Recently, The European Bike Project
directed our attention to the hand-made inverted forks from Italian micro-brand, Bright Racing Shocks. In particular, their 100-120mm travel XC/Marathon fork, the F929 xCO. It looks like a work of art and has a claimed weight of just 1,630 grams. For context, the RockShox RS-1
weighs 1,666 grams.
On the other hand, the (right-way-up) RockShox SID
weighs 1,537 grams, or 1,326-grams for the 100mm-travel SID SL. That is, you know, less. However, Bright's founder and designer, Pablo Fiorilli, claims their fork offers "better precision and rigidity than a top traditional fork." Big words.
Bright Racing Shocks F929 xCO Details
• Intended use: Cross-country / trail
• Travel: 100-120mm
• Wheel size: 29" only
• Stanchions: 35mm
• Upper legs: 46mm diameter carbon-fiber
• Crown: CNC Aluminium
• Weight: 1,630-grams (claimed)
• MSRP: 1,780 Euros
• Bright Racing Shocks
Upside-down (USD) forks have a patchy history within mountain biking. The Marzocchi Shiver, Manitou Dorado
and RockShox RS-1
all had die-hard fans but didn't exactly see mainstream adoption. The appeal of USD forks is that the wiper seal and bushings sit at the bottom of the fork, meaning they stay well-lubricated in bath oil, and the stanchions and wiper seal aren't in the direct firing-line of debris from the tire. The larger-diameter upper tubes generally result in superior fore-aft stiffness too, although the lack of an arch tying the legs together above the tire makes them typically flexier when it comes to lateral or torsional (twisting) forces. This usually results in either unpredictable steering or a significant weight penalty to try and engineer-out the flex.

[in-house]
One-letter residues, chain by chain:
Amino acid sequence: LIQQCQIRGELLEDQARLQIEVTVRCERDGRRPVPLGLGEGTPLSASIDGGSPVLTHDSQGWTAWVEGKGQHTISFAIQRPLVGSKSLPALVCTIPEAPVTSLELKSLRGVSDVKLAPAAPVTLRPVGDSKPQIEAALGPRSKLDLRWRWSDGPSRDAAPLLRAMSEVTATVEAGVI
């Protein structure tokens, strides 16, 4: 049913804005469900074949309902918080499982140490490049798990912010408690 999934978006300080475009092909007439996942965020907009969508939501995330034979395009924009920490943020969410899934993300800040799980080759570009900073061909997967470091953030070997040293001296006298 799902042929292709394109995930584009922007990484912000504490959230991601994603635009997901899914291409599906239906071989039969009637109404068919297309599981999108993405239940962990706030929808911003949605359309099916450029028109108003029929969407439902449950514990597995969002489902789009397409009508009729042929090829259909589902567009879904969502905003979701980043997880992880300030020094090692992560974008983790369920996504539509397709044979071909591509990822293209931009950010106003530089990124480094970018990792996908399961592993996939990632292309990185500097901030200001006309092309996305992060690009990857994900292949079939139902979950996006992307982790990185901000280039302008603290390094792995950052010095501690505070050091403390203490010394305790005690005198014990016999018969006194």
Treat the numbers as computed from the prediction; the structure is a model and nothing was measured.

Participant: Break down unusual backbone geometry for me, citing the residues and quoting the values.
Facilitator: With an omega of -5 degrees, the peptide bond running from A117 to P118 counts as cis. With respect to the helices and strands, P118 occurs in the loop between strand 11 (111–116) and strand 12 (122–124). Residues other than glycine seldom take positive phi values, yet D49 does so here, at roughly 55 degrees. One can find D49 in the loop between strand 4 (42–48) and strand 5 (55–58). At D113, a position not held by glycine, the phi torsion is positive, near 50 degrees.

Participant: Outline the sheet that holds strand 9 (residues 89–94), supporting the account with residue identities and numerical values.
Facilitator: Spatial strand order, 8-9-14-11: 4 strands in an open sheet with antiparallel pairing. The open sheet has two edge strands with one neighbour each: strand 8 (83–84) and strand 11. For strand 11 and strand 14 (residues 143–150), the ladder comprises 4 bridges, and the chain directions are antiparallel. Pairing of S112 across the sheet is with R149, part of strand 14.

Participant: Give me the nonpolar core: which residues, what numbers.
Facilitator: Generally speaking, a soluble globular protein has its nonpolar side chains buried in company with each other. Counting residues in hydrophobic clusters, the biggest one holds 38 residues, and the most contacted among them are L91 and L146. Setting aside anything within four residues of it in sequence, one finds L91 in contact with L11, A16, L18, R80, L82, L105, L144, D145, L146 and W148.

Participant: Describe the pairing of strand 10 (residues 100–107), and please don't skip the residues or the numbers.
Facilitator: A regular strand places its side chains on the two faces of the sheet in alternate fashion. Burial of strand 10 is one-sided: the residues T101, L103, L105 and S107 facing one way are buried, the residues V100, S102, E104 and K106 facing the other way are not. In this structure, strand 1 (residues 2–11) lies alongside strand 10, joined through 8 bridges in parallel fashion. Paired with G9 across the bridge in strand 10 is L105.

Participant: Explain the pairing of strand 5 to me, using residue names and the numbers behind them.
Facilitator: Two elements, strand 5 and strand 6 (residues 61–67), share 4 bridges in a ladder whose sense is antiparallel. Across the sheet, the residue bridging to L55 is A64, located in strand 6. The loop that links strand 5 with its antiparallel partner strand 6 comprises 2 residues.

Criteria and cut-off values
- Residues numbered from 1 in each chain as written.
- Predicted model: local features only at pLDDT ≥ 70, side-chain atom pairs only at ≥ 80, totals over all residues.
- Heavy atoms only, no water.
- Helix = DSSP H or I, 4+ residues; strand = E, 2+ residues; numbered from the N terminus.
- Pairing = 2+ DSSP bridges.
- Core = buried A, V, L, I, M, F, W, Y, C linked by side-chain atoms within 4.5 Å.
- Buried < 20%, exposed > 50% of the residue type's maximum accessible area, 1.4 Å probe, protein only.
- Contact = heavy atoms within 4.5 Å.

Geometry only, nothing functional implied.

Pablo says they achieved this competitive lightness and stiffness thanks to 46mm-diameter carbon-fiber upper tubes and broad (for cross country) 35mm stanchions, plus a crown machined from high-strength 7075-T651 aluminium. The thru-axle is the familiar 15x110mm standard (no over-sized thru-axle intended to add stiffness), but there is the option to use SRAM's Torque Cap hub interface for extra steering precision.
The CNC machining marks are visible on the crown.
The crown is said to weigh just 310g and is machined down from a 2.7Kg billet. Presumably, the other 88.5% of the material is recycled. Other details include a replaceable 160mm brake mount, 35mm lower legs (stanchions), a highly-progressive air spring and what Bright calls their Sensitive Lockout damping, which apparently does away with the need for a remote lockout as it minimizes bob thanks to a three-way compression valve.
But the boutique rarity of the brand is perhaps its biggest appeal. "Think about a hand-made frame builder but for suspension," Pablo explains. "Our business is to make something where you can find real hand made care together with high performance. We deliver a fork tuned expressly for the customer, assembled for him in 2 months."
You'll have to really want to stand out to pay the 1,780-Euro asking price, however. And as always, I'd view the stiffness and performance claims with a grain of salt. After all, the inverted mountain bike fork is a graveyard for promising claims that never quite worked out. Nevertheless it's great to see small manufacturers finding new and innovative ways to get around the same problems. The exclusivity which comes with such a niche brand is appealing and we'd love to get our hands on one in future.